American College of Physicians Suggests Lead Health Care Reform

Psychiatric TimesVol 37, Issue 7
Volume 37
Issue 7

Policy suggestions released earlier this year could be used to guide actions during and after the COVID-19 pandemic.


Leaders of the American College of Physicians (ACP) say that a policy proposal they introduced earlier this year could be used to guide the US health care system, both during the COVID-19 coronavirus pandemic and afterward.

In an “Ideas and Opinions” article published in Annals of Internal Medicine earlier this week, ACP leaders argued that actions outlined in the January policy paper, “Better is Possible: The American College of Physicians Vision for the U.S. Health Care System” could be used to improve access to care, reduce per capita health care costs, and reduce health care system complexity.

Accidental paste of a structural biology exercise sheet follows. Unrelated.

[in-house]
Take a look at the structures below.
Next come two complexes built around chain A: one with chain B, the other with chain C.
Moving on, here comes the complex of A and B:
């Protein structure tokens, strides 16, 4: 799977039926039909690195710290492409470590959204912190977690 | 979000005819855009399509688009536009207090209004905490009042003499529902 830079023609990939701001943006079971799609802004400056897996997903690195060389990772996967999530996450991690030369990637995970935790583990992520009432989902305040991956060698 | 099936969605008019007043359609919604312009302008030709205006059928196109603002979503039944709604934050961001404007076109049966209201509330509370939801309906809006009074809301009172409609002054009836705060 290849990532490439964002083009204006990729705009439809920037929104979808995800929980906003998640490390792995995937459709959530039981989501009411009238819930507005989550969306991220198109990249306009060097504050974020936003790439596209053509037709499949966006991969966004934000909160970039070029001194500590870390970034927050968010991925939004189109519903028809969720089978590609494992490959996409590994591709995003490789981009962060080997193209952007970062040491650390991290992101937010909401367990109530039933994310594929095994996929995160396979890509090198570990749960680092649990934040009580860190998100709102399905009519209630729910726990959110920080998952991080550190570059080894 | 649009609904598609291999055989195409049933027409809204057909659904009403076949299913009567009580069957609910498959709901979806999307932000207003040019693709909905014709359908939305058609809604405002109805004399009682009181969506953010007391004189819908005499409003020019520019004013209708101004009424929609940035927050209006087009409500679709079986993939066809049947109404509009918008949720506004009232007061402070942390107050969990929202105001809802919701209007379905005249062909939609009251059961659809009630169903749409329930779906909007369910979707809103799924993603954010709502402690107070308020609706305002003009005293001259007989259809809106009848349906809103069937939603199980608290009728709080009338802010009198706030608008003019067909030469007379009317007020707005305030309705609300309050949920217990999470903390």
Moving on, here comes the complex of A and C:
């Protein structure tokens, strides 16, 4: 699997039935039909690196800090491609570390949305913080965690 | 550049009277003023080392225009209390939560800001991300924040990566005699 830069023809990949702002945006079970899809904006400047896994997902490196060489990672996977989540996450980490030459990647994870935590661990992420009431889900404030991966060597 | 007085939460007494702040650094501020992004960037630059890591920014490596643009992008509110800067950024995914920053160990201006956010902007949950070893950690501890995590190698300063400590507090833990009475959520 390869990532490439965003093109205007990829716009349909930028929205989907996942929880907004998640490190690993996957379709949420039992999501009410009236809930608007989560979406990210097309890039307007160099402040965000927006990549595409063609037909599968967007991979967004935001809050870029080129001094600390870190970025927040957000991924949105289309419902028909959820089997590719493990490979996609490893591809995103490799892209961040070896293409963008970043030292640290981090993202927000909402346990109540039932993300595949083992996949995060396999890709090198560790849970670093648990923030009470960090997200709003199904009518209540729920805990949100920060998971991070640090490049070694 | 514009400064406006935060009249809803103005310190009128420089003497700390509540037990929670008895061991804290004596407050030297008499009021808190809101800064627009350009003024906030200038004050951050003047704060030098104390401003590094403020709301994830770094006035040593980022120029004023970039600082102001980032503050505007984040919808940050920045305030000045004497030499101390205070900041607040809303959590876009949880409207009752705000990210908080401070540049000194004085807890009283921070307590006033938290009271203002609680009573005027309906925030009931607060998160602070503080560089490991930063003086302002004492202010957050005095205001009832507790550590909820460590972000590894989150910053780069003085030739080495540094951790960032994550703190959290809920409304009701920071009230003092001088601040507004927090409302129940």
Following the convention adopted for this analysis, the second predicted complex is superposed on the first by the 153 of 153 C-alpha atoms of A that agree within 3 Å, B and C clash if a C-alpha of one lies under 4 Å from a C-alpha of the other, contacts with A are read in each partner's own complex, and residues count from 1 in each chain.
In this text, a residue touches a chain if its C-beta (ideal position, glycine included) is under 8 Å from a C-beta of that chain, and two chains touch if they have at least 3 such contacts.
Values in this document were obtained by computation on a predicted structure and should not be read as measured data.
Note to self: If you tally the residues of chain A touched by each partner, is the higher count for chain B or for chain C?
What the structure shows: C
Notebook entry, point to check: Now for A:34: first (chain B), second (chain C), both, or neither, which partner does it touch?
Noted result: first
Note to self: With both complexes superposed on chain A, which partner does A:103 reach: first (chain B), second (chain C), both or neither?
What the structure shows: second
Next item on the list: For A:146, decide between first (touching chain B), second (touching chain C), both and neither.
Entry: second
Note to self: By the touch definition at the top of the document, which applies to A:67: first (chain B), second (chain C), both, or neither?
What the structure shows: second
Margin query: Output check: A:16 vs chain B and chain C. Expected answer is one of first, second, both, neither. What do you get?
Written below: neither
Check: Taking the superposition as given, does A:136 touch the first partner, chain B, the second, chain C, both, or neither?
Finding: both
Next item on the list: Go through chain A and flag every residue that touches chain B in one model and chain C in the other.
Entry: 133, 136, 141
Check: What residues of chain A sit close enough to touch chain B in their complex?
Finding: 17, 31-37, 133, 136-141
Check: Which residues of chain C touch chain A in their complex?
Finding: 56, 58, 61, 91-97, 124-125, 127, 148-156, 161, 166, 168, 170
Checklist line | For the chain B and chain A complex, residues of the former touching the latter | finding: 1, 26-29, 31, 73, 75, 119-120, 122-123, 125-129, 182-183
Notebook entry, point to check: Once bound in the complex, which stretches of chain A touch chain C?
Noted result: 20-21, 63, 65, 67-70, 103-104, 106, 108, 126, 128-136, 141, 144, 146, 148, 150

The pandemic exposed the flaws of the US health care system, including lack of universal coverage and access, socioeconomic inequalities, race- and ethnicity-based marginalization, and gendered consequences, according to lead author Sue S. Bornstein, MD.

“This widespread public health crisis has wreaked havoc on patients and left many health care systems unable to provide much needed care,” she said in a statement. “Enough is enough. The time is now to address our system’s shortcomings and enact real change.”

The policy paper calls for the US to adopt a single payer financing health care system or a publicly financed coverage option with regulated private insurance.

The need for expanding coverage is underscored by the COVID-19 pandemic as more than 30 million people are uninsured or underinsured. That number is likely to increase, as the pandemic has led to millions of Americans losing their jobs and, thus, possibly their employer-provided insurance policies. Read more Medical Economics at

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